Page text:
Salon Survival Guide: Coronavirus Edition
In the time of the novel coronavirus outbreak, hairstylists, makeup artists, nail technicians, and salons in general are all in a really, really tough spot. Many state and city governments have mandated closures of these types of businesses. Some states that have ordered the closure of salon businesses include Minnesota, Ohio, Kentucky, and Nevada—and the list is sure to grow. Salons in some states are still open for the time being, but business has slowed to a trickle.
In this article, I’ll offer you some useful advice on how your salon can adapt and survive during this incredibly trying time.
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Given the current state of things with social distancing guidelines and mandatory closures of nonessential businesses, hair salons, makeup artists, barbershops, spas, and other similar businesses are all suffering. Salons, their employees, and independent contractors who rent space will all be affected.
Even if your business is still legally allowed to remain open, you might have to make the difficult decision to close temporarily due to the pandemic. Salon workers have a job that requires close physical contact with people, putting both the customer and the worker at risk. Worse still, many salon workers are contractors, who have to build their own business from the ground up and keep a book of clients—and many of these workers don’t have health insurance.
4 Things You Can Do Right Now To Protect Your Business
Here are some actionable steps you can take to limit the spread of coronavirus and protect clients and workers if your business is still open:
Relax Cancellation Policies
Obviously, many customers are going to be canceling right now, and for good reason. Although there’s no rule or law that says you need to waive cancelation fees or refund down payments right now, there’s a good chance that if you don’t, the customer will not return to your salon once the current crisis is over.
Revisit Sanitation & Hygiene
Make sure your business in compliance with the CDC’s sanitation and hygiene guidelines re: COVID-19 (see CDC: Interim Guidance for Businesses & Employers). If you operate a medical spa that employs doctors and/or nurses, you should also follow the CDC Guidelines For Healthcare Professionals.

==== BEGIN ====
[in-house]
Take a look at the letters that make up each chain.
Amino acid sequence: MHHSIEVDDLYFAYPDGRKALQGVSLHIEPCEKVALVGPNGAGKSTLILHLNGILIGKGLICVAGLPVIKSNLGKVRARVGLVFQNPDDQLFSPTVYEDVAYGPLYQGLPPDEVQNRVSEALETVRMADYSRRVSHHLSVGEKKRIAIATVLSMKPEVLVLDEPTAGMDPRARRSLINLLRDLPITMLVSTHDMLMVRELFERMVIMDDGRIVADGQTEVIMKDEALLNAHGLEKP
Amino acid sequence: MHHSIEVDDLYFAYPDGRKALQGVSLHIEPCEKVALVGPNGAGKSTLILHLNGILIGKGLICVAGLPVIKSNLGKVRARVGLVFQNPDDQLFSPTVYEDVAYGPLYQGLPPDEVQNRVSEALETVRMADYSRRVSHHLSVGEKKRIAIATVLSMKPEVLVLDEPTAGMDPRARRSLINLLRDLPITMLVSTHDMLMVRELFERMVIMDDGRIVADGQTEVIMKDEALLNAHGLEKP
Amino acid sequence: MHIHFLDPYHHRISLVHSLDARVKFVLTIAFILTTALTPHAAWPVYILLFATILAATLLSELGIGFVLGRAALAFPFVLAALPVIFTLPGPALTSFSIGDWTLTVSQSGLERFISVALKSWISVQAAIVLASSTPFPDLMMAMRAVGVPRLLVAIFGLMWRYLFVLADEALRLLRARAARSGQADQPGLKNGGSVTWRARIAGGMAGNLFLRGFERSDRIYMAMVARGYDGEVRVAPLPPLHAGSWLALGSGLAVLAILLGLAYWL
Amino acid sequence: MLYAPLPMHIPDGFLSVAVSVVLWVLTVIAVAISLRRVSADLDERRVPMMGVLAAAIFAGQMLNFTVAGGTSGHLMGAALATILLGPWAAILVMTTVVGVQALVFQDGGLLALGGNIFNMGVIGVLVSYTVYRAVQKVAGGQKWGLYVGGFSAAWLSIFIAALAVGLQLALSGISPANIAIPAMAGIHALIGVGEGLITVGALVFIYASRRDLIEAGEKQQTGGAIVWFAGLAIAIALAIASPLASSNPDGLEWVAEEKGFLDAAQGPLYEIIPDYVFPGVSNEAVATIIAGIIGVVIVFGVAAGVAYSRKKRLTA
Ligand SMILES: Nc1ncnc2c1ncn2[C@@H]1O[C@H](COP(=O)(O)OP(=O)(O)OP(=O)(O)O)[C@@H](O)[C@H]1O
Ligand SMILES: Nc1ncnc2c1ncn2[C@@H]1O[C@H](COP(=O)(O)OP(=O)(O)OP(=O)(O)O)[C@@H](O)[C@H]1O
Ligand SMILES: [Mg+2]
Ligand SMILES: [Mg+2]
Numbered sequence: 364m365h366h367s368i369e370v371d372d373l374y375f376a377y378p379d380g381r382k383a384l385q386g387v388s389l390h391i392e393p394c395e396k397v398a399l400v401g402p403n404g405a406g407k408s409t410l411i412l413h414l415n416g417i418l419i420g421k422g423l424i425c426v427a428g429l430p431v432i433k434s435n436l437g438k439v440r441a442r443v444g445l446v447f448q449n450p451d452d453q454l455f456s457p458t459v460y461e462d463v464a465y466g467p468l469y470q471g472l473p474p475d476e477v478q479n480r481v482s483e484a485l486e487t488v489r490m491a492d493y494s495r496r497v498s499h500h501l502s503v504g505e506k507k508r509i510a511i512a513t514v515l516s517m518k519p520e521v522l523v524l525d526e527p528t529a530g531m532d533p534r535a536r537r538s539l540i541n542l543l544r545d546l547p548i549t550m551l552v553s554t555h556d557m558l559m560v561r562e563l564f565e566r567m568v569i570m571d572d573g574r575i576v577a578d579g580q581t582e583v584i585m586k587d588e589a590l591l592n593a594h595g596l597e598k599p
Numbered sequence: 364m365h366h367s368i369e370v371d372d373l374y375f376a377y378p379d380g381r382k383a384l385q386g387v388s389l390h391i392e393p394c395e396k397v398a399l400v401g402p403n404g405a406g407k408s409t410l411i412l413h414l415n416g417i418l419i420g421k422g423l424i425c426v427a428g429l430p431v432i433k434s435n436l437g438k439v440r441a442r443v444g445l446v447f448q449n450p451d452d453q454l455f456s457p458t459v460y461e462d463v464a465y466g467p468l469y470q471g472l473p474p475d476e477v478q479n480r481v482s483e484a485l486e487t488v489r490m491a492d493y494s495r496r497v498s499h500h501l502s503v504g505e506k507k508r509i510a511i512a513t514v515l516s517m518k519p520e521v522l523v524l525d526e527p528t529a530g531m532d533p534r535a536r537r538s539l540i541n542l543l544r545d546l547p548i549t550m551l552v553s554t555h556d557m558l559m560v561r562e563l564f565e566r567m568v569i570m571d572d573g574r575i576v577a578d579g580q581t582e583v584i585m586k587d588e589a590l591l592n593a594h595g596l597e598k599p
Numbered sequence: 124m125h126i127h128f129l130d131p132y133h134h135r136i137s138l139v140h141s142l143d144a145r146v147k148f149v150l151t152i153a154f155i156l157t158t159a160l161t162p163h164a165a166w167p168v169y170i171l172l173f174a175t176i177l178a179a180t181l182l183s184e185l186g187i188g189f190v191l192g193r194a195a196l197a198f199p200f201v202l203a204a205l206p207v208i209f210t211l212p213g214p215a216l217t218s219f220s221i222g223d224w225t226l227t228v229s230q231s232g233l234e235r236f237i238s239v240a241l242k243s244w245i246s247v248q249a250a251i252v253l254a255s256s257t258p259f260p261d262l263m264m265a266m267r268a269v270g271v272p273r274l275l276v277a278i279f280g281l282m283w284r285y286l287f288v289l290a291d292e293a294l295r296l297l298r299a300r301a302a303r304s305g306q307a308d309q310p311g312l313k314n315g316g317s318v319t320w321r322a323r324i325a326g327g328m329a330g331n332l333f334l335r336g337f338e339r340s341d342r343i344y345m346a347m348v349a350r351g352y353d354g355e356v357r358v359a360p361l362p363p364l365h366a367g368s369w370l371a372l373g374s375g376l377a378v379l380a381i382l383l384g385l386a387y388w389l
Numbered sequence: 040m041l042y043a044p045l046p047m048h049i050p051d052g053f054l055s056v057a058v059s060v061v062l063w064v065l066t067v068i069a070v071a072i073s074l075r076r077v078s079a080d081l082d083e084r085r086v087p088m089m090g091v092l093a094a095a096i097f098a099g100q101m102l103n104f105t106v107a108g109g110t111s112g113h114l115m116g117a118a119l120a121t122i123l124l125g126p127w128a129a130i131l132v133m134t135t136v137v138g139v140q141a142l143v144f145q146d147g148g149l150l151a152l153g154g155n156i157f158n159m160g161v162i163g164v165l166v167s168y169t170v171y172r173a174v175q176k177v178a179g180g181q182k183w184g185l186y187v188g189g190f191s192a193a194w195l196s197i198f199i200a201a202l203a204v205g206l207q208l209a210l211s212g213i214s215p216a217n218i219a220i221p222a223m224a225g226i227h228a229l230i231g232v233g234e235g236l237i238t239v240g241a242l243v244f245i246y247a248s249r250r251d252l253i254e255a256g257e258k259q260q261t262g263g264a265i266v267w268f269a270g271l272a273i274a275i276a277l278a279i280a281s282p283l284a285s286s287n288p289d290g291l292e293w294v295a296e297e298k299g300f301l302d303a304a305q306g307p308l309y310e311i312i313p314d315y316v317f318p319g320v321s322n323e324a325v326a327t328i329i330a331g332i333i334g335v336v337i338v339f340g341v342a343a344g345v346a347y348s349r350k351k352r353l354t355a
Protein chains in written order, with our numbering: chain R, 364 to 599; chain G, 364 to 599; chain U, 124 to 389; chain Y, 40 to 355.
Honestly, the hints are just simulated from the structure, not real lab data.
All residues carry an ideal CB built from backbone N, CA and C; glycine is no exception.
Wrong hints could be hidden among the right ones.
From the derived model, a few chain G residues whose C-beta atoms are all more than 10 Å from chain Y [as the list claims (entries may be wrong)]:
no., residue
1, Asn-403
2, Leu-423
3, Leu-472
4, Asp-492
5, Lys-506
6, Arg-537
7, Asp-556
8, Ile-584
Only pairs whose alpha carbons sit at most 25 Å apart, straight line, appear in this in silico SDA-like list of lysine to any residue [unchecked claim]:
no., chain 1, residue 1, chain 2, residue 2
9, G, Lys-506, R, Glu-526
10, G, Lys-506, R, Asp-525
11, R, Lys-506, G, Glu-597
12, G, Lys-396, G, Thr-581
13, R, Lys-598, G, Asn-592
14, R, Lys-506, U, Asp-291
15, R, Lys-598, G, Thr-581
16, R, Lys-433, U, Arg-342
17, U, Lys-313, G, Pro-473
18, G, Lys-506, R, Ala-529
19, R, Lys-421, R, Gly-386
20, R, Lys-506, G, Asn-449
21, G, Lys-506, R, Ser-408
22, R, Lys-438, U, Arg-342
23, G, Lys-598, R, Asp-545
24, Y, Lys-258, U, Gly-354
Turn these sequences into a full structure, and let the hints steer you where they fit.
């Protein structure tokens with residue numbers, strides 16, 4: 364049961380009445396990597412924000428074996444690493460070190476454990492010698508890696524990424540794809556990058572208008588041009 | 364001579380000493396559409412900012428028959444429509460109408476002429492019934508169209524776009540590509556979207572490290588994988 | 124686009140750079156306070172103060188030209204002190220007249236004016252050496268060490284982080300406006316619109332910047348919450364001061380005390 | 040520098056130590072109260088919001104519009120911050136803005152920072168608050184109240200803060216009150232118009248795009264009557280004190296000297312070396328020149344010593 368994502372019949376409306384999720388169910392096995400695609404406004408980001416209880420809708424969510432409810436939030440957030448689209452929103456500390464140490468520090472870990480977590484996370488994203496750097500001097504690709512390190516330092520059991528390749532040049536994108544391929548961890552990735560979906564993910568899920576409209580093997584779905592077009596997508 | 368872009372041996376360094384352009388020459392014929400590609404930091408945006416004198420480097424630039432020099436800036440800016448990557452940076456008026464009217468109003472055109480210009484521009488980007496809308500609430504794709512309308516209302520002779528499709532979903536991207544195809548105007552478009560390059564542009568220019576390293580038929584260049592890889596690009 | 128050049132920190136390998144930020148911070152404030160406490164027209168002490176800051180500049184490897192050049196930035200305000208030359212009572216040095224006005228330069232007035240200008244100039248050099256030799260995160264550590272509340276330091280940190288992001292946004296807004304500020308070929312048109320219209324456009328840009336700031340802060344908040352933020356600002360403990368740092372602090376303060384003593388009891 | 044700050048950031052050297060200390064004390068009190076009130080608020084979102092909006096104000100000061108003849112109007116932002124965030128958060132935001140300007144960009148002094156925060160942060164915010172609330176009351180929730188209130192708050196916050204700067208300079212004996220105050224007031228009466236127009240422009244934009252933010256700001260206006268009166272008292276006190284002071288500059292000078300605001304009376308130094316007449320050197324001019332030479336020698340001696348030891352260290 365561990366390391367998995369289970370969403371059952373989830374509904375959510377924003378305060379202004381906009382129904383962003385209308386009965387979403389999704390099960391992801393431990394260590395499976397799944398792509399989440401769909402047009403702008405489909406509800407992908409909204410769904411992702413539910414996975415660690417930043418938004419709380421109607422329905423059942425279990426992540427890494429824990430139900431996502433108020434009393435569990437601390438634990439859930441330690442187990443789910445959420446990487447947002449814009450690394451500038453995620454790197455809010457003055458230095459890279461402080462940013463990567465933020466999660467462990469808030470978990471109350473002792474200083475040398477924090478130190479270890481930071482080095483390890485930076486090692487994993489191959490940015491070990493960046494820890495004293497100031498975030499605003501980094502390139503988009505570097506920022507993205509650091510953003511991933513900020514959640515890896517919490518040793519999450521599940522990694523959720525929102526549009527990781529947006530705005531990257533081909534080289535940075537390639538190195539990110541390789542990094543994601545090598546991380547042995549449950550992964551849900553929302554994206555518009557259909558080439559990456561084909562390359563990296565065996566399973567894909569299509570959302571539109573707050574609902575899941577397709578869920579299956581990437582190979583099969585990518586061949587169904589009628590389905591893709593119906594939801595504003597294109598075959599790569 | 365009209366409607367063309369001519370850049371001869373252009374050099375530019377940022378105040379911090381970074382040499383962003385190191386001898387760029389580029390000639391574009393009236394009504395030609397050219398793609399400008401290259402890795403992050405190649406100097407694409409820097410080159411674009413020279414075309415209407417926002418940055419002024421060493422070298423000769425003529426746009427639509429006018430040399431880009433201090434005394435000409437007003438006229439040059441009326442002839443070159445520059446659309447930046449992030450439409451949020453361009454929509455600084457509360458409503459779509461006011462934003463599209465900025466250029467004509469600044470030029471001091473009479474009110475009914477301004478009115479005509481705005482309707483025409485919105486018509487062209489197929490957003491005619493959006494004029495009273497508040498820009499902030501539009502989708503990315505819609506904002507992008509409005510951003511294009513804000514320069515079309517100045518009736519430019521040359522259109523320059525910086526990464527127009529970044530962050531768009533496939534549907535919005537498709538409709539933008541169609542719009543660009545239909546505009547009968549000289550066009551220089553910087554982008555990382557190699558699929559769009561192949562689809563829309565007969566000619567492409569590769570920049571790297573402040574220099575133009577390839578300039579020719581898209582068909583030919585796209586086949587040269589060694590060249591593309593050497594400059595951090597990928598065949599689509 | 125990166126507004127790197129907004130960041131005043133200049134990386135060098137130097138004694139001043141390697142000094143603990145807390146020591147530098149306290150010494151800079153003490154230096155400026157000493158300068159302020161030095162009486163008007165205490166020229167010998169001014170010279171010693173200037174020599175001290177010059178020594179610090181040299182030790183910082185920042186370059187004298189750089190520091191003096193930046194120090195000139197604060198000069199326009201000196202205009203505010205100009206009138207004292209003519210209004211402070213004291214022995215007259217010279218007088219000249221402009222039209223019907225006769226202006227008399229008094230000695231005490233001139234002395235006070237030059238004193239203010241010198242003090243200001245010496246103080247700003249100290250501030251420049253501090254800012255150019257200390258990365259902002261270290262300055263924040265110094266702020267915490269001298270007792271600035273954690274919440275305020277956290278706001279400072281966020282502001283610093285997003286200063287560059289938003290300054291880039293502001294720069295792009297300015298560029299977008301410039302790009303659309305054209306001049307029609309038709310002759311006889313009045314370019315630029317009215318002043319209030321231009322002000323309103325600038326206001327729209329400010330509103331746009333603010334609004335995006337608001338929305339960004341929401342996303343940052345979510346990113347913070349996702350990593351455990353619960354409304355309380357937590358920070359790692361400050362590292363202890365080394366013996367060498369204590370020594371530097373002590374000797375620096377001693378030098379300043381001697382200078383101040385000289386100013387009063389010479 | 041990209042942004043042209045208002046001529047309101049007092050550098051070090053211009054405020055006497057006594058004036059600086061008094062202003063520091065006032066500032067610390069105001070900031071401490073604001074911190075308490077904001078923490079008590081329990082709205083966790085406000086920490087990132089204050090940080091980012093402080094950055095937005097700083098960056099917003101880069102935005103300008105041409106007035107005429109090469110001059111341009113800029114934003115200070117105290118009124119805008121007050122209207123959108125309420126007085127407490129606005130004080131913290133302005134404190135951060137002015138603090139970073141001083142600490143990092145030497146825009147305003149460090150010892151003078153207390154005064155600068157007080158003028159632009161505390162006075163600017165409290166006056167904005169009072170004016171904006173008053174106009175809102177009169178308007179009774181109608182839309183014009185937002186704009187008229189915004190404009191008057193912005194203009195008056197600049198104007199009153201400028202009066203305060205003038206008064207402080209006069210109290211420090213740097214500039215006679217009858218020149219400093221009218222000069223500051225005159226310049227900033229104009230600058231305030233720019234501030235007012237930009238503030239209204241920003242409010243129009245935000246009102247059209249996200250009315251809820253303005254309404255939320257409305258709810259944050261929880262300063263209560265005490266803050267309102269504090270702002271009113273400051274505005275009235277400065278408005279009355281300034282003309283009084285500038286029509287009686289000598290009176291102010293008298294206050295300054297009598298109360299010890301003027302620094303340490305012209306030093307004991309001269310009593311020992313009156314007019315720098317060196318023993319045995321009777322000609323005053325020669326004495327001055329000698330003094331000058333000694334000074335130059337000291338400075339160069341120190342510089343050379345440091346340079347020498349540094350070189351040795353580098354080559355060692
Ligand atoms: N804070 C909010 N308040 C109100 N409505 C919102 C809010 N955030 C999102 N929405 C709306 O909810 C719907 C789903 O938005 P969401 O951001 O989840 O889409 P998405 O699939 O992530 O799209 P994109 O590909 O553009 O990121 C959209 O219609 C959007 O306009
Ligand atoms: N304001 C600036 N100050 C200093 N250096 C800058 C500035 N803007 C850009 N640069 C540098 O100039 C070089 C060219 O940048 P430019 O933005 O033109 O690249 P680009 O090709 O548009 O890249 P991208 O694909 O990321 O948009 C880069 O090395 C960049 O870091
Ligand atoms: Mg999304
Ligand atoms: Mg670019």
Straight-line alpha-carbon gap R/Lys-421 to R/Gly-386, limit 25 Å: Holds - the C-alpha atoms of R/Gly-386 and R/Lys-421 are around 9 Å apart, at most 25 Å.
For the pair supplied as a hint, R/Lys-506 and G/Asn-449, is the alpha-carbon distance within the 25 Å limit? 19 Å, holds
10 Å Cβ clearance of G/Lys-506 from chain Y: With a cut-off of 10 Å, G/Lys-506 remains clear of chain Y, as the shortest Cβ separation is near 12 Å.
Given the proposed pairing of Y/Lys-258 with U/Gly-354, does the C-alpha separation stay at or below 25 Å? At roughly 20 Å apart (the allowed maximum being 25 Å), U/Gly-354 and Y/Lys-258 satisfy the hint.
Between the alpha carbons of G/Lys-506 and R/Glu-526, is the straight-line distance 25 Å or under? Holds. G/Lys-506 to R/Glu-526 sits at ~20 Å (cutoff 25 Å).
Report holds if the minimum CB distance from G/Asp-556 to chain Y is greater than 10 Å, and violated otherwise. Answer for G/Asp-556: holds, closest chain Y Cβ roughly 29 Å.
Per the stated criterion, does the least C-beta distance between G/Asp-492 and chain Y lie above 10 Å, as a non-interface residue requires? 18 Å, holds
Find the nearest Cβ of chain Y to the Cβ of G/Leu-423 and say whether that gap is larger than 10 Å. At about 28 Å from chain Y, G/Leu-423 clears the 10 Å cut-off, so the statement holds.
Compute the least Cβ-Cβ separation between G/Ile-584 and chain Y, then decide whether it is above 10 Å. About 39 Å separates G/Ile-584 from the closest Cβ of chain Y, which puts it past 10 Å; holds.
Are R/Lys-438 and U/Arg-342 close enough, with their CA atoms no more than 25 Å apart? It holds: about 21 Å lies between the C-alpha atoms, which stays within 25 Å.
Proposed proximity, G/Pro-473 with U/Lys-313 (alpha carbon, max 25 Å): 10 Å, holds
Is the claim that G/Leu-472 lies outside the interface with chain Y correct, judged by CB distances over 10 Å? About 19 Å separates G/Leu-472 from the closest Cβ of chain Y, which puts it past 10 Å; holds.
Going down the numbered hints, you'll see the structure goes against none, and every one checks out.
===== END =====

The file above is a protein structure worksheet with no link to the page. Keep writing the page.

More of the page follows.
Revisit Attendance Policies For Employees
Now is the time to encourage sick employees or workers who may have been exposed to the virus to call in sick—with or without a doctor’s note. This may require you to relax your current attendance policy. Specifically, here’s what the CDC is recommending right now:
Employees who have symptoms of acute respiratory illness are recommended to stay home and not come to work until they are free of fever (100.4° F [38.0° C] or greater using an oral thermometer), signs of a fever, and any other symptoms for at least 24 hours, without the use of fever-reducing or other symptom-altering medicines.
Communicate With Clients
Remind customers to not come in if they’re sick or have been exposed to someone who might be carrying the virus. You should also communicate with your clients about whether or not your location is still open, if your hours of operation have changed, and information about your sanitation policy. You can use email and social media for these communications.
6 Things You Can Do To Keep Your Business Going In Hard Times
Here is a list of things you can do today to help keep your business afloat during this time of extreme uncertainty.
Analyze Cash Flow
Take a look at your bank account, your bills, and your income. How much money do you have, and how long will it last you? Can you survive a closure or reduced business? How long can you reasonably afford to close for? Interest rates are at rock bottom right now, so it could make sense to invest in a small business loan that will help you bridge the gap during this temporary lack of cash flow.
Add Gift Cards